Alcoa has announced that it will curtail its San Ciprián aluminium smelter in Spain and initiate a collective dismissal that will affect approximately 530 employees.

On October 8, Alcoa made the decision after considering all options, including reviewing records associated with four months of consultations with the workers’ representatives and the negotiations during a potential sale process. On September 29, 2020, Alcoa announced that the Company would take up to 15 days to determine and announce a decision regarding the smelter’s 228,000 metric tons of annual capacity.

The smelter’s curtailment is expected to be complete in the first quarter of 2021, and approximately 100 employees will remain to operate a portion of the casthouse.

“As we’ve shared with our stakeholders throughout this process, the unfortunate reality is that the San Ciprián smelter is uncompetitive, and we do not expect its significant structural issues to change,” said Alcoa President and CEO Roy Harvey. “While we have explored several options in the past months, curtailment is necessary to stop the continuing economic losses. We understand that this is a difficult outcome, and we are committed to minimising the impacts on our employees as we work together to safely curtail the site and continue to meet all regulations.”

Continued operation of the smelter is not viable due to permanent factors such as an uncompetitive energy framework in Spain, global overcapacity in aluminium production and depressed prices. Year to date, the aluminium plant incurred a net loss of approximately $45 million through September 30. In 2018 and 2019, the aluminium plant had combined net losses of $126 million.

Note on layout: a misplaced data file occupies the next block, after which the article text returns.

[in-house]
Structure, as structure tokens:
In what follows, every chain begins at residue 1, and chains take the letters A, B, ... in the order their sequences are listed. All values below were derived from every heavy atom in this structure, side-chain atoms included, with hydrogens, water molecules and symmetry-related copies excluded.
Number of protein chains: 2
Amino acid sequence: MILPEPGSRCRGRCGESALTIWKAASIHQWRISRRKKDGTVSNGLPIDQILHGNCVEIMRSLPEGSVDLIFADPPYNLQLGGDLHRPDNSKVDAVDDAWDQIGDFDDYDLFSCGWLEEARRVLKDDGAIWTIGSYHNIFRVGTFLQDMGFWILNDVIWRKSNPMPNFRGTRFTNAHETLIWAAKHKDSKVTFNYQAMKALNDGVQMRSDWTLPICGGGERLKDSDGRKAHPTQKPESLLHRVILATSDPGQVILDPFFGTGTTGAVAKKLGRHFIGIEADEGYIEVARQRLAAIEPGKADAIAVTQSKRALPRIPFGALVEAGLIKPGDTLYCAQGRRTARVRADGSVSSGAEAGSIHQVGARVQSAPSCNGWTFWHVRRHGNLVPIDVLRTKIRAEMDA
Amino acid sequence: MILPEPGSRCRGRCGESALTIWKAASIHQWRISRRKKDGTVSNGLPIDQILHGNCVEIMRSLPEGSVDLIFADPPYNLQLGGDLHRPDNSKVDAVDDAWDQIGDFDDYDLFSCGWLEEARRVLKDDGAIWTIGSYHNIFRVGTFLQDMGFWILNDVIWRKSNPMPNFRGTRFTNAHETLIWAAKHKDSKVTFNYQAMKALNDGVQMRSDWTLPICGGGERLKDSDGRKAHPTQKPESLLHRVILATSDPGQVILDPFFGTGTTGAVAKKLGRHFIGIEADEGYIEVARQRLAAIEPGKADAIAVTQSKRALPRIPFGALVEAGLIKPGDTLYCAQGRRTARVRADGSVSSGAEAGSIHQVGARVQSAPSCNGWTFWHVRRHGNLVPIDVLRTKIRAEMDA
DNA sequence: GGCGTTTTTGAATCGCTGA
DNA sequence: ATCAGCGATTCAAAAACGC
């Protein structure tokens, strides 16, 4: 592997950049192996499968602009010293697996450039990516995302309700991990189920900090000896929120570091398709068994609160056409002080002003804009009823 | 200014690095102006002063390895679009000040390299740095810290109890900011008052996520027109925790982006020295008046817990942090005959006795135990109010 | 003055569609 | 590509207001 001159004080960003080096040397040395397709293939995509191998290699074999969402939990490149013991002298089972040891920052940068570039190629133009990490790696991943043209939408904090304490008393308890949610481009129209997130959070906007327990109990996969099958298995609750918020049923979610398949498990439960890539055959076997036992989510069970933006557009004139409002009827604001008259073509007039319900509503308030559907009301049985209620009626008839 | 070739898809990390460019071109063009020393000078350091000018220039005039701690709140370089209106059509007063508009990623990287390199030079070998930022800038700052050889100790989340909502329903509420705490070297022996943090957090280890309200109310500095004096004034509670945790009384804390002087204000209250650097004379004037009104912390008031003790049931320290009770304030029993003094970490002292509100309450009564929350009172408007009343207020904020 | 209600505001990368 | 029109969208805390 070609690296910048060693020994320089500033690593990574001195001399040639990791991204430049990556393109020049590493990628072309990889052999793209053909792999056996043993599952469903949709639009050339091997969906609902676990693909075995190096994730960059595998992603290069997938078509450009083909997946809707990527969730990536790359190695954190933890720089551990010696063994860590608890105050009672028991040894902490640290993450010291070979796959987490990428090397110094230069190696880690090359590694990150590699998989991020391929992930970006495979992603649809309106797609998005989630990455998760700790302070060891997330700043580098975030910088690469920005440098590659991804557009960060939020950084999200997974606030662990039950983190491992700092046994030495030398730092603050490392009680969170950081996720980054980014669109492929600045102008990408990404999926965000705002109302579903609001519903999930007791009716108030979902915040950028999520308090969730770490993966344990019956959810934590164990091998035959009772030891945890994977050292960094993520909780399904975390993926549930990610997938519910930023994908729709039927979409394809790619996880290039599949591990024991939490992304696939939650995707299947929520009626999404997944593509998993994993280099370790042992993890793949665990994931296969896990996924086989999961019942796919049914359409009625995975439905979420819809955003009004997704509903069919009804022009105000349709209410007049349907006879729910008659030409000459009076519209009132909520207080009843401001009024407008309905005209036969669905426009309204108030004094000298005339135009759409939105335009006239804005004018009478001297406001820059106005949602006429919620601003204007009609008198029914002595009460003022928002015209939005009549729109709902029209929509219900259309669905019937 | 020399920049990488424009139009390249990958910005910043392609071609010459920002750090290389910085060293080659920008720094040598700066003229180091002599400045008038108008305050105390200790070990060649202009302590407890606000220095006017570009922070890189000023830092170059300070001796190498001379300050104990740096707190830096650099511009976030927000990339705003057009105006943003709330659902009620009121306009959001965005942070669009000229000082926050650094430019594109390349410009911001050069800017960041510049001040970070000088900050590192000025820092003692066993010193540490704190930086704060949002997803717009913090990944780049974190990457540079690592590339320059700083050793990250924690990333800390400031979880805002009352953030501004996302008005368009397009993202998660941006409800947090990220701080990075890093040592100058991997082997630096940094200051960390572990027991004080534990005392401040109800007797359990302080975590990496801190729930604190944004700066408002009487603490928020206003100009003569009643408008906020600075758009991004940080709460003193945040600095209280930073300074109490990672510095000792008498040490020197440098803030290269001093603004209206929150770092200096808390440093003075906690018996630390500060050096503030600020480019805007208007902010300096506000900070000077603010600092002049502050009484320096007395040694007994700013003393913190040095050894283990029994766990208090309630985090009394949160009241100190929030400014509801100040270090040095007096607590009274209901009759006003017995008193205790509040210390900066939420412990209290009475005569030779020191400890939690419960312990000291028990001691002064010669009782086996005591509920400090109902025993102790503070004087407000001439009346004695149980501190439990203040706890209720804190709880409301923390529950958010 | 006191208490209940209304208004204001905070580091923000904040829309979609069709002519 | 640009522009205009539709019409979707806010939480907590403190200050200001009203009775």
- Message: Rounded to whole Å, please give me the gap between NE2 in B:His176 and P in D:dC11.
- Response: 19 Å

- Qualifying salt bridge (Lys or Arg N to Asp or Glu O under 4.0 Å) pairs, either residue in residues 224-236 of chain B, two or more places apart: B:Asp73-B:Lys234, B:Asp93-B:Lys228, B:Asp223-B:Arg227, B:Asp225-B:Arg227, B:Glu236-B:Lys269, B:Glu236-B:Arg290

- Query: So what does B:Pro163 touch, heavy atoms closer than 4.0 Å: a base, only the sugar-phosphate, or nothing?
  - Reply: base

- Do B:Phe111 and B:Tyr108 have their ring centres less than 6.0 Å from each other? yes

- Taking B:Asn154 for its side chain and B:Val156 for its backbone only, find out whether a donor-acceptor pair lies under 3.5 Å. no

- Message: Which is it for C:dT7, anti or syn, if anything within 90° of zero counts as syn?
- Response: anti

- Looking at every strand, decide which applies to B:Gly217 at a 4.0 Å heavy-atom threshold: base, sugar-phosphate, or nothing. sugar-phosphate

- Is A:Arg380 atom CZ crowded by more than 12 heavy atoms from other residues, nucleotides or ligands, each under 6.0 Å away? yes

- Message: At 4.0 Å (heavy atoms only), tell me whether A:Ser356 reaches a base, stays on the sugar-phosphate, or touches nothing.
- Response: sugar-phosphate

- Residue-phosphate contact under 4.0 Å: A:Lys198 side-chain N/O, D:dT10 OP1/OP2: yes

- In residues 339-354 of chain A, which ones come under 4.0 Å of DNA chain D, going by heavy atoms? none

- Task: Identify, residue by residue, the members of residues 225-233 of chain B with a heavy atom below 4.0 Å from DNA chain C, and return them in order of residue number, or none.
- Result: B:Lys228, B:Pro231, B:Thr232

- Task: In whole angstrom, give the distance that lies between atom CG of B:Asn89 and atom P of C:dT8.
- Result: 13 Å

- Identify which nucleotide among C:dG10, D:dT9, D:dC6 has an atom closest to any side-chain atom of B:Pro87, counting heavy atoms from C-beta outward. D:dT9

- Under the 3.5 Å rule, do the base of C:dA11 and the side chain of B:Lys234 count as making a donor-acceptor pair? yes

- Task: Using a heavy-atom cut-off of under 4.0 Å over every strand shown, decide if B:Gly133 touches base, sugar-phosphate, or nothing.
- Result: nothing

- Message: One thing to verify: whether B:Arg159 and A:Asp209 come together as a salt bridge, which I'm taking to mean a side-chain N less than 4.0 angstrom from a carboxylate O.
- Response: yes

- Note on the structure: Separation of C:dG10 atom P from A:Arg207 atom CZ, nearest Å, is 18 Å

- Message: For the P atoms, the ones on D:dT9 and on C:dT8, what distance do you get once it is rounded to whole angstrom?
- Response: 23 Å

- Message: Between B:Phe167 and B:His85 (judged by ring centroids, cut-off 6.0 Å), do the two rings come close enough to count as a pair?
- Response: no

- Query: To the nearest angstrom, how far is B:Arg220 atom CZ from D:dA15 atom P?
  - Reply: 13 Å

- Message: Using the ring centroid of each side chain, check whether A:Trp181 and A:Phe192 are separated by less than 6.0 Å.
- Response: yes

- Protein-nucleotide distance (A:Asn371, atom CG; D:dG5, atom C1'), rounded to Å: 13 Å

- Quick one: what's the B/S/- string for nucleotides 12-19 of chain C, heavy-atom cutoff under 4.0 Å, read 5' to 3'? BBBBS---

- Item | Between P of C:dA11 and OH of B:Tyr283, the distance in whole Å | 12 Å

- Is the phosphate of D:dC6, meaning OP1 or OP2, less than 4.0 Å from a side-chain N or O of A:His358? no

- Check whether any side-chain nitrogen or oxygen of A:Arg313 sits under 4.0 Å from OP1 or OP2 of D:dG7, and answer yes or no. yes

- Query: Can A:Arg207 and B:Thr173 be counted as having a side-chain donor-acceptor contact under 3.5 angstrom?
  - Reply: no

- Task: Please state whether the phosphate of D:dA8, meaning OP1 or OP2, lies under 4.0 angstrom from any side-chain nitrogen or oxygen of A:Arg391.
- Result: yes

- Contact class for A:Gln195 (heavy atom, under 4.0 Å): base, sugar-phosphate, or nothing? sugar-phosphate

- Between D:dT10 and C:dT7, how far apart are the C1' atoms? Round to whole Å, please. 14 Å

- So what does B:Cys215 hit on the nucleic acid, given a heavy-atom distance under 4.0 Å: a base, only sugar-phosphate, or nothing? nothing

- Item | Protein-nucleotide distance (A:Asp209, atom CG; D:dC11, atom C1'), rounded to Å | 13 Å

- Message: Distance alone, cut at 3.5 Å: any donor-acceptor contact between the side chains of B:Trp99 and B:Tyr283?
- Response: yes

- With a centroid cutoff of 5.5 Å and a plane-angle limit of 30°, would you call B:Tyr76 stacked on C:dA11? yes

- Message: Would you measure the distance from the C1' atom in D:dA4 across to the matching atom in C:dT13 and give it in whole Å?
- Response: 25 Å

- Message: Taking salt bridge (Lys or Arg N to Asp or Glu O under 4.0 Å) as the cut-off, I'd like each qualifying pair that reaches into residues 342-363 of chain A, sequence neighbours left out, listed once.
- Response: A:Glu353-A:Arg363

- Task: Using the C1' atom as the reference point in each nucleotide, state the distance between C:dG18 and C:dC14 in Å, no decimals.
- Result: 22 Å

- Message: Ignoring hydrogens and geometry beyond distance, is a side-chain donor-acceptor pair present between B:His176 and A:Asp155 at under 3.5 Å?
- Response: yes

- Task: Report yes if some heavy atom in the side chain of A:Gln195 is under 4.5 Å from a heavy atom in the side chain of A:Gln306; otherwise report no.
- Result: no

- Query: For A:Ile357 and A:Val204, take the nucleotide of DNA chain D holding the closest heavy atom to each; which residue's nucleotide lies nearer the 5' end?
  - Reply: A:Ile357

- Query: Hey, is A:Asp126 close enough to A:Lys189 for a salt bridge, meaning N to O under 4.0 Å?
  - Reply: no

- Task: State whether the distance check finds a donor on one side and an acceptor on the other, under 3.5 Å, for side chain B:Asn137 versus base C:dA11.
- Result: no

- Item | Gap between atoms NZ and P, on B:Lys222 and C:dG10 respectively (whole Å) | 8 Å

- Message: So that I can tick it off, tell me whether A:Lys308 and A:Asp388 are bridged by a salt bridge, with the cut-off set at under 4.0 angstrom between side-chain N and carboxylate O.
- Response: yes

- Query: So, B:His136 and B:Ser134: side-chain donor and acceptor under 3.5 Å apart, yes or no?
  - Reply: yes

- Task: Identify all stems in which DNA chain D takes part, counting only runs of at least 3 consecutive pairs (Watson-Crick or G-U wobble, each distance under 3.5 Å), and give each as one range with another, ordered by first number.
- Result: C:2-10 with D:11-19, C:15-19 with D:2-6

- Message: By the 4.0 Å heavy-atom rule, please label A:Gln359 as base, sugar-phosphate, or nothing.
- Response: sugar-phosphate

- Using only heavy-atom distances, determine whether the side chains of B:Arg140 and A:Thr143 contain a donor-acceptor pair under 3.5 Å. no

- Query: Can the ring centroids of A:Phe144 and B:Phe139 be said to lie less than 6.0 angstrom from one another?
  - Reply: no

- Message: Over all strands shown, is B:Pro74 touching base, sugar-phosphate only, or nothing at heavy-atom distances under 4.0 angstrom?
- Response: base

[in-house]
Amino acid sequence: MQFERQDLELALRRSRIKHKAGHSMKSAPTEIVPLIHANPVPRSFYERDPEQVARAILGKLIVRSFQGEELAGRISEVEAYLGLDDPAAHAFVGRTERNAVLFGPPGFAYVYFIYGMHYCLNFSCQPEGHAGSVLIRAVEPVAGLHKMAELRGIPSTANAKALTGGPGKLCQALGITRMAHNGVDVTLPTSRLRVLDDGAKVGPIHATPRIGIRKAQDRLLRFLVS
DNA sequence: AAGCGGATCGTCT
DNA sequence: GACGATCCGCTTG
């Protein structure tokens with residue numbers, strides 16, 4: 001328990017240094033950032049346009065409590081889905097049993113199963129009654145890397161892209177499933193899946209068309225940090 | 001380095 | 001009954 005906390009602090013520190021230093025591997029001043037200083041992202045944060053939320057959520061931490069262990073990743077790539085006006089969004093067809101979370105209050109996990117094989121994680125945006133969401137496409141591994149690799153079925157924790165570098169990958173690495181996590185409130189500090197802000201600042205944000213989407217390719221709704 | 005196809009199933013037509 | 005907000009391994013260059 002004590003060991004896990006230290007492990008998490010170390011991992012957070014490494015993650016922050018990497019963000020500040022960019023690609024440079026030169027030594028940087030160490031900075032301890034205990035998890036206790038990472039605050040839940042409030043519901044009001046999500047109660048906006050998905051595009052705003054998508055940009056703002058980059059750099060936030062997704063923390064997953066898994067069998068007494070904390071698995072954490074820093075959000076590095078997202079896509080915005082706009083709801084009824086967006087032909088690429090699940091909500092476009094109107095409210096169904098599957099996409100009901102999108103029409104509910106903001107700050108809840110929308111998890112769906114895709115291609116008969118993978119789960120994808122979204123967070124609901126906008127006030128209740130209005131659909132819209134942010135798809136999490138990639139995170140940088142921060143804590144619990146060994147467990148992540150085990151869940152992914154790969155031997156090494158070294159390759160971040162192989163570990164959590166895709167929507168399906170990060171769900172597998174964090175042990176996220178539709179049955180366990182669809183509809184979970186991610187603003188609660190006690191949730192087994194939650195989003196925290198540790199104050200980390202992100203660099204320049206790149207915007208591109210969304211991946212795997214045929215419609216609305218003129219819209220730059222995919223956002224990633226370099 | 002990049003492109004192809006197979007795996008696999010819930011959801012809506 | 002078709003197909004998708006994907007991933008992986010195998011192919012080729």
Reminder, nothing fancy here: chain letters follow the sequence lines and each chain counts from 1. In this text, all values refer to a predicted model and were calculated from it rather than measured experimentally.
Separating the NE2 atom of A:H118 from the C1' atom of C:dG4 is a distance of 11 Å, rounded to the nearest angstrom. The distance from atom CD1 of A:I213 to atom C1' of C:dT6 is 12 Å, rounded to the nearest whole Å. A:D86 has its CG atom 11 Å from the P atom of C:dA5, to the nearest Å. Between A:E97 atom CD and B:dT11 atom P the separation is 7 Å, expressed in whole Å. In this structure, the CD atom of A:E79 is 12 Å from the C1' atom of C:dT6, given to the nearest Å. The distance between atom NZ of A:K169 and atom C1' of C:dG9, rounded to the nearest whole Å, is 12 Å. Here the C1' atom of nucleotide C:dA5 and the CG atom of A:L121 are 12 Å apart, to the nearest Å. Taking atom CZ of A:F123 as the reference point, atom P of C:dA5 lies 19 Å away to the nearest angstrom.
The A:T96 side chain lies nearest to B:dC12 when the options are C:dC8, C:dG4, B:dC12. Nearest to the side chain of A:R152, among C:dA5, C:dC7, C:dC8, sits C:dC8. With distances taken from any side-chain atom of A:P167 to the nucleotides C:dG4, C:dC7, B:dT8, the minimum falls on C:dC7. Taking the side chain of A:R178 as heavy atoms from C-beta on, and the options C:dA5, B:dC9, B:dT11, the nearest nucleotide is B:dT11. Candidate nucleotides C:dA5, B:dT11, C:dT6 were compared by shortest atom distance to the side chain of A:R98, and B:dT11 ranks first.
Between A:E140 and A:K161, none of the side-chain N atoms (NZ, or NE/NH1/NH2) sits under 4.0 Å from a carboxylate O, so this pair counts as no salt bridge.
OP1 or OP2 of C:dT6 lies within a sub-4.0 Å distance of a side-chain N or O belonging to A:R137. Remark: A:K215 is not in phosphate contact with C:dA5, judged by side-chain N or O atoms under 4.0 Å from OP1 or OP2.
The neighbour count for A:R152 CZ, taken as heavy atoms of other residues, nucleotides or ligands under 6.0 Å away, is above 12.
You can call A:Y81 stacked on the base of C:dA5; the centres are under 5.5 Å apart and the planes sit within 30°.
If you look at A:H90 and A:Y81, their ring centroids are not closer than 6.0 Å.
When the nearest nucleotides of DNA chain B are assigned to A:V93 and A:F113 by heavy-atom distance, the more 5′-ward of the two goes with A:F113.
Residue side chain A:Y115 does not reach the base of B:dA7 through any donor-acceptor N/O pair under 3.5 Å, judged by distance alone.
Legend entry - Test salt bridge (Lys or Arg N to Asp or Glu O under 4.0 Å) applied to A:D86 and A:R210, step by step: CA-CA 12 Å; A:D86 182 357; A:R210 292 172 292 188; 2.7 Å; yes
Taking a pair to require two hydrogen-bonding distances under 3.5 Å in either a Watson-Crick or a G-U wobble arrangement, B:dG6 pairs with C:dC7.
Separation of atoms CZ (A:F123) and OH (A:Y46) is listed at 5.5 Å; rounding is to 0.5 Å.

Alcoa will offer severance packages and employment services for those affected by the curtailment decision. Associated with today’s announcement, Alcoa expects restructuring charges of approximately $35 million to $40 million (pre- and after-tax), or $0.19 to $0.22 per share, in the fourth quarter of 2020 for employee-related costs, which are all cash-based charges expected to be paid primarily in the first half of 2021. Alcoa notes that the workers’ representatives have previously stated publicly that they intend to challenge the collective dismissal in a legal proceeding. Should this occur, Alcoa will defend its actions, but the timing and amount of the charges could be impacted.

The alumina refinery at San Ciprián was not included in the consultation process and will continue to operate.